Charles Leclerc has sided with title rival Max Verstappen in the continued debate over porpoising. The FIA opted to intervene ahead of the Canadian Grand Prix, having announced the introduction of a technical directive with the aim of reducing or eliminating the issue. However, if it were up to Charles Leclerc, the FIA would not be introducing any new rules regarding this unique phenomenon to help stop the bouncing. The Monegasque driver, like Verstappen, thinks that it is not right to introduce new regulations in the middle of a season, just because certain teams are being hit harder by the problem than others.
Drivers air different views on porpoising
There have been many different opinions in the porpoising debate. Many drivers say they are suffering to some degree, but not everyone seems to agree with each other in front of the cameras. Carlos Sainz and George Russell are two of the most vocal in the argument for change. Sainz, like many drivers, has asked the FIA to take action, with the Spaniard calling for the FIA to listen to the drivers and not so much to the teams. "That's why we asked the FIA to look at it and not listen too much to the teams, but to the drivers. It has now come to a point where we are all having a hard time with it," he told media, including RacingNews365.com . Verstappen is one of those who is categorically against any possible changes. "It's disappointing that the rules are being changed, again, in the middle of the season," the Dutchman stated. "It's not even about hitting us harder or less hard than other teams, but it shouldn't be a team complains about it and then suddenly they change the rules around it.” "If you can't develop the car properly, that's your fault, not the regulations' fault. This is just not correct."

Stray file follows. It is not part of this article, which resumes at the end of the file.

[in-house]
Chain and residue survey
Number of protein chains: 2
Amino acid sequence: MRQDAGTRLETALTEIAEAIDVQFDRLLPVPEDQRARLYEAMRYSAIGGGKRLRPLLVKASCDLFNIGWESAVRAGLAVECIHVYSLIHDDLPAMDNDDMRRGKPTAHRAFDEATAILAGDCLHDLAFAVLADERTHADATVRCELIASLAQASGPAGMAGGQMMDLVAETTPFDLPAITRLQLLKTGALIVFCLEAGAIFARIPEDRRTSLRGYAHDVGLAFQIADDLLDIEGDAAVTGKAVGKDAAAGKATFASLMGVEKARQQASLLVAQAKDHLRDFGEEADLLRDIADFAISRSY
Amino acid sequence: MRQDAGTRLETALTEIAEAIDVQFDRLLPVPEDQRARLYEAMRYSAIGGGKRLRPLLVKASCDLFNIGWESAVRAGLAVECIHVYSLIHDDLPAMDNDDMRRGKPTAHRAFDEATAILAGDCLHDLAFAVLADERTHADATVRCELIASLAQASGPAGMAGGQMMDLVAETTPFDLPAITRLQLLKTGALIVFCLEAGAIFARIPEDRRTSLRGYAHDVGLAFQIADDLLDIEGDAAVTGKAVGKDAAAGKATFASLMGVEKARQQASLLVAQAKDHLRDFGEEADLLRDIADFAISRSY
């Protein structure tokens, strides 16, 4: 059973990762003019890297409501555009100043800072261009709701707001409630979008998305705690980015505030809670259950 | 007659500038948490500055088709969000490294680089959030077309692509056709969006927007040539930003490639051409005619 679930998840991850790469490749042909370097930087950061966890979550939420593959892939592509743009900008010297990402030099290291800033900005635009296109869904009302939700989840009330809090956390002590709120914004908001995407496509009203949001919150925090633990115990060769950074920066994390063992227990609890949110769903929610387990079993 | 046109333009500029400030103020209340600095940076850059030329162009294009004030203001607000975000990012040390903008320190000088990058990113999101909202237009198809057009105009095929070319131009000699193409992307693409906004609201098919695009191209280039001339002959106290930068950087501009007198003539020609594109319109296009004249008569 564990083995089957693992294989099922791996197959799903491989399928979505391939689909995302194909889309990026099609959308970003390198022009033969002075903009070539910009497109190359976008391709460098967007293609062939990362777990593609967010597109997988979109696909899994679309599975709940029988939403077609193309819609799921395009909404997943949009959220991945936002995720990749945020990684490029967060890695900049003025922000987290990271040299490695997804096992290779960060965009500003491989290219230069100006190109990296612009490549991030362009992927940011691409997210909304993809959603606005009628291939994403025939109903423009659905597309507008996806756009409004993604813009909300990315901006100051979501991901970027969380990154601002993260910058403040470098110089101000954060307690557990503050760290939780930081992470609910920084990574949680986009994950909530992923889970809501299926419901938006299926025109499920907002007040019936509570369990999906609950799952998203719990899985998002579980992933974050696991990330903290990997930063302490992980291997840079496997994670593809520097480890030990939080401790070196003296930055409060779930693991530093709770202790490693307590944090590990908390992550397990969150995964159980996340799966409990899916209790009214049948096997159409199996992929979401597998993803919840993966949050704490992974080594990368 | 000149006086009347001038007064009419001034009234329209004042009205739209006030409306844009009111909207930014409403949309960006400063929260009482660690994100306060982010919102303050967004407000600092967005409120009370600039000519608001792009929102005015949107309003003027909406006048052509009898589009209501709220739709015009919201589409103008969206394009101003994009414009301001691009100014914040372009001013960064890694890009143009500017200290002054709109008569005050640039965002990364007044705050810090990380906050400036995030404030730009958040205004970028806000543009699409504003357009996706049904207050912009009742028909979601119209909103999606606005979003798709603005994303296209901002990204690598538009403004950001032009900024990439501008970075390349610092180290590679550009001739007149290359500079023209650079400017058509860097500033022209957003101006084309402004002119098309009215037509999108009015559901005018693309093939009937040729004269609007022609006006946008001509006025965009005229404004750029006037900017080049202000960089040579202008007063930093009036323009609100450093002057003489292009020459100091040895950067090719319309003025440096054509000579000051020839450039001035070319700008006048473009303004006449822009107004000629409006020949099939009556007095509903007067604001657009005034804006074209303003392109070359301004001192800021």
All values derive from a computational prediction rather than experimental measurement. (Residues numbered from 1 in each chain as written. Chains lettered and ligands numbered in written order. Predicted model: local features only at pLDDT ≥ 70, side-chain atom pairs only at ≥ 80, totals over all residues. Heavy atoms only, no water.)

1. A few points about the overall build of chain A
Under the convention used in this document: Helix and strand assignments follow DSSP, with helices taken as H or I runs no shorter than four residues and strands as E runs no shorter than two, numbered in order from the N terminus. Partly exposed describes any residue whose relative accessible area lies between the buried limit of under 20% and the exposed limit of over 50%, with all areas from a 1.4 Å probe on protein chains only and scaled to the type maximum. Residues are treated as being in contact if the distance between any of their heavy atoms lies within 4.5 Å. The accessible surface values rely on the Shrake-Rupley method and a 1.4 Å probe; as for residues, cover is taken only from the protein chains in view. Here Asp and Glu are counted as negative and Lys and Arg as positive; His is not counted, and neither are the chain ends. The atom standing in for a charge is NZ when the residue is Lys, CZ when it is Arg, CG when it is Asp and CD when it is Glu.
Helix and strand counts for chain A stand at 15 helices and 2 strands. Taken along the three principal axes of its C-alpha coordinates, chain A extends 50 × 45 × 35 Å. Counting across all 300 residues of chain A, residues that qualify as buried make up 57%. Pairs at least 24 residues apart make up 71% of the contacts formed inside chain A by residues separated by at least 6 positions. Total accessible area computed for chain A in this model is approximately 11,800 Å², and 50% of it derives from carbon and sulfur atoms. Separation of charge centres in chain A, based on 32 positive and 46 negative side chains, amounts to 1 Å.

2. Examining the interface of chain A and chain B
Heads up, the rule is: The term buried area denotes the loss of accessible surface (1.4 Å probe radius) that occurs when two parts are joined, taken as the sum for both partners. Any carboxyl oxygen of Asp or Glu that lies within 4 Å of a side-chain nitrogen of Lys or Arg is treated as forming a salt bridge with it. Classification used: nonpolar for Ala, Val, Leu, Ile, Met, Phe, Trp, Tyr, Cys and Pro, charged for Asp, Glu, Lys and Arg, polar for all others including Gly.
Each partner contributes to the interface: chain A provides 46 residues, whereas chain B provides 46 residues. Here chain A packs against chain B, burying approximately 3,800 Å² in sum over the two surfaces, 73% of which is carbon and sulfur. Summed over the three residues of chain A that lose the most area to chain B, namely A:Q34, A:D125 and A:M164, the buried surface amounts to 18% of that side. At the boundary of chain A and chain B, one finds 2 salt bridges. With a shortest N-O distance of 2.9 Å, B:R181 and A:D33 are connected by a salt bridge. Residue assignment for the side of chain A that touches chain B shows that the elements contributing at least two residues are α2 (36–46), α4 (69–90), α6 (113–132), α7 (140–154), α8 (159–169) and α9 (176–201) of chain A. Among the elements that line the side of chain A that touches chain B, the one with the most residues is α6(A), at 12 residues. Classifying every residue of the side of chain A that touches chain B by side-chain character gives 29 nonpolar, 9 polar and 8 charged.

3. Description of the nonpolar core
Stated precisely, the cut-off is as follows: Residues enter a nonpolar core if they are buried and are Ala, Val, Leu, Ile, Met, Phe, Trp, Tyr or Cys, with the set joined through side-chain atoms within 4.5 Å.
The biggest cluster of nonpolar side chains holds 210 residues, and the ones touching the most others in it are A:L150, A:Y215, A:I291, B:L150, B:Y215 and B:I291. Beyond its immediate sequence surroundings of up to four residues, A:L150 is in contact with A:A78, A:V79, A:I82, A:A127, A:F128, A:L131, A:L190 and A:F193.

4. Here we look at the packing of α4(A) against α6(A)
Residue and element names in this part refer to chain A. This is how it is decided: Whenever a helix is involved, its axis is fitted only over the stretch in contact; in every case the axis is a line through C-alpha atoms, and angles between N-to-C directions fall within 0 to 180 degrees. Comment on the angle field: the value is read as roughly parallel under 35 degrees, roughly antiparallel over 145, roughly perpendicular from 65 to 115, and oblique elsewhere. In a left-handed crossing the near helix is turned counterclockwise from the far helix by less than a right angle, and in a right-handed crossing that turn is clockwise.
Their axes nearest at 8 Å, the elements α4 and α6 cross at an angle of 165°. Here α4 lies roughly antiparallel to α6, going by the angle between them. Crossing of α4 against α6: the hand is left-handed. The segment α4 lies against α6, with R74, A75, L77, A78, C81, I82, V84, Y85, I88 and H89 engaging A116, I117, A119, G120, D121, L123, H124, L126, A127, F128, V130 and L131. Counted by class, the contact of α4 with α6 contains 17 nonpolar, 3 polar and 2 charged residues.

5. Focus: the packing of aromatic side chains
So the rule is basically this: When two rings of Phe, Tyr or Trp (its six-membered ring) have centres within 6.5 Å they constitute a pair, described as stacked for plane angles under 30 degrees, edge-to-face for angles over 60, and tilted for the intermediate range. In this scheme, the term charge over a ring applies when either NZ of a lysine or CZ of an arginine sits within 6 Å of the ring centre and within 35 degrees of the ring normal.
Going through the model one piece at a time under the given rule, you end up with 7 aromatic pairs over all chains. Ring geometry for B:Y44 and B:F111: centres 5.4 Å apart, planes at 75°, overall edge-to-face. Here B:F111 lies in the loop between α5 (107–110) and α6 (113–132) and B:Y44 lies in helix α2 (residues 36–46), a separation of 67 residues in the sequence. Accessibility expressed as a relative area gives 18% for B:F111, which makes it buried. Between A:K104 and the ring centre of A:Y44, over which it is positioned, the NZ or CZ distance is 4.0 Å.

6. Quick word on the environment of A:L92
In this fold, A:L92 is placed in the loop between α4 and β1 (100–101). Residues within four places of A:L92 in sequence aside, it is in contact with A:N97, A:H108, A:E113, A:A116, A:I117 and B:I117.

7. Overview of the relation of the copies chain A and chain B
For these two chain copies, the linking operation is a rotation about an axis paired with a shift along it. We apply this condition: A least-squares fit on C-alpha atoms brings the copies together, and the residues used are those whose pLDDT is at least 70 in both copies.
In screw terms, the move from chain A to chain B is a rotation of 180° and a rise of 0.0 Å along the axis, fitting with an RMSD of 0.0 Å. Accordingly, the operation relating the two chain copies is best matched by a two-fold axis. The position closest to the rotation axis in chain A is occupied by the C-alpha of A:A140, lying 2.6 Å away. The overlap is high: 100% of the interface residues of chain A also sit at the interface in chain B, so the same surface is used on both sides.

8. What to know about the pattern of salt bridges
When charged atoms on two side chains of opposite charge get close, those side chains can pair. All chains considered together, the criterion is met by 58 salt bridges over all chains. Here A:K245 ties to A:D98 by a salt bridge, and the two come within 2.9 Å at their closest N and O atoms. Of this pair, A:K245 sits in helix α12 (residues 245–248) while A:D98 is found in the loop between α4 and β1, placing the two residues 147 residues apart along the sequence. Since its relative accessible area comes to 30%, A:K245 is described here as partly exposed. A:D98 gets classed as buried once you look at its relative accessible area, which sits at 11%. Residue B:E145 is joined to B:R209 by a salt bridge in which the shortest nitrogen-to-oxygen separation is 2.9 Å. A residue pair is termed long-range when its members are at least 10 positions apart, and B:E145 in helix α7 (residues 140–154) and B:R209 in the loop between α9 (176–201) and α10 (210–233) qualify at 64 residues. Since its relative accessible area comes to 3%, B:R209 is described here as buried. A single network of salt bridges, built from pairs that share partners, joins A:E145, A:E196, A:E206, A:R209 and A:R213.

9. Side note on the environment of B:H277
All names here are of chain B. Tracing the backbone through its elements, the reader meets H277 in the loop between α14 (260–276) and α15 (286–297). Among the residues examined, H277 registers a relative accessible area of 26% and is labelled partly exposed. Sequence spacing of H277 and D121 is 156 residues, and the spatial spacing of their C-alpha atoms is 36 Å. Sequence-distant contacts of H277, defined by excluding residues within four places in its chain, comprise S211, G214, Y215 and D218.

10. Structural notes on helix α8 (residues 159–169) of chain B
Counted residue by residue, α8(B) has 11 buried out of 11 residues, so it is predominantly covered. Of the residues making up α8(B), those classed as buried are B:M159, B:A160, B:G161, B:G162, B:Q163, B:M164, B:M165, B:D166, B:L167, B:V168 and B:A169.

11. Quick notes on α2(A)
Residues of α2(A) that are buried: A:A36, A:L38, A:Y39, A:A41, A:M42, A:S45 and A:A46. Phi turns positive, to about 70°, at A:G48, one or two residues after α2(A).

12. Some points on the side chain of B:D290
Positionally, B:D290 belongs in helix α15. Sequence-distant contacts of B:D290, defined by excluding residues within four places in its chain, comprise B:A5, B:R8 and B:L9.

Leclerc: "It's a shame to see all our work go in the bin"
Sainz's Ferrari teammate Charles Leclerc, whose performance is not hindered by the porpoising, does not want to see any changes being made and has sided with Verstappen, even though he understands that the bouncing isn't very nice. "I understand Russell's point because if you saw Lewis climbing out of the car in Baku, for example, it looks very bad," Leclerc said. "You can feel Hamilton's pain and that is unacceptable." On the other hand, the Ferrari driver finds it odd that all of his team's hard work could be wiped out by a set of new rules mid-year. "On the other hand, you should not underestimate how much work has been done by the team in recent months to overcome the problem. Since the first time we tested these cars, that has been our main priority," emphasised Leclerc. "As a team we have worked very hard to solve these problems and we have already improved a lot. Now all that hard work would go in the bin, all because one team struggles more with their car than the rest? "That's how I look at it. I understand that it is bad at Mercedes, I just also think that there may be other solutions."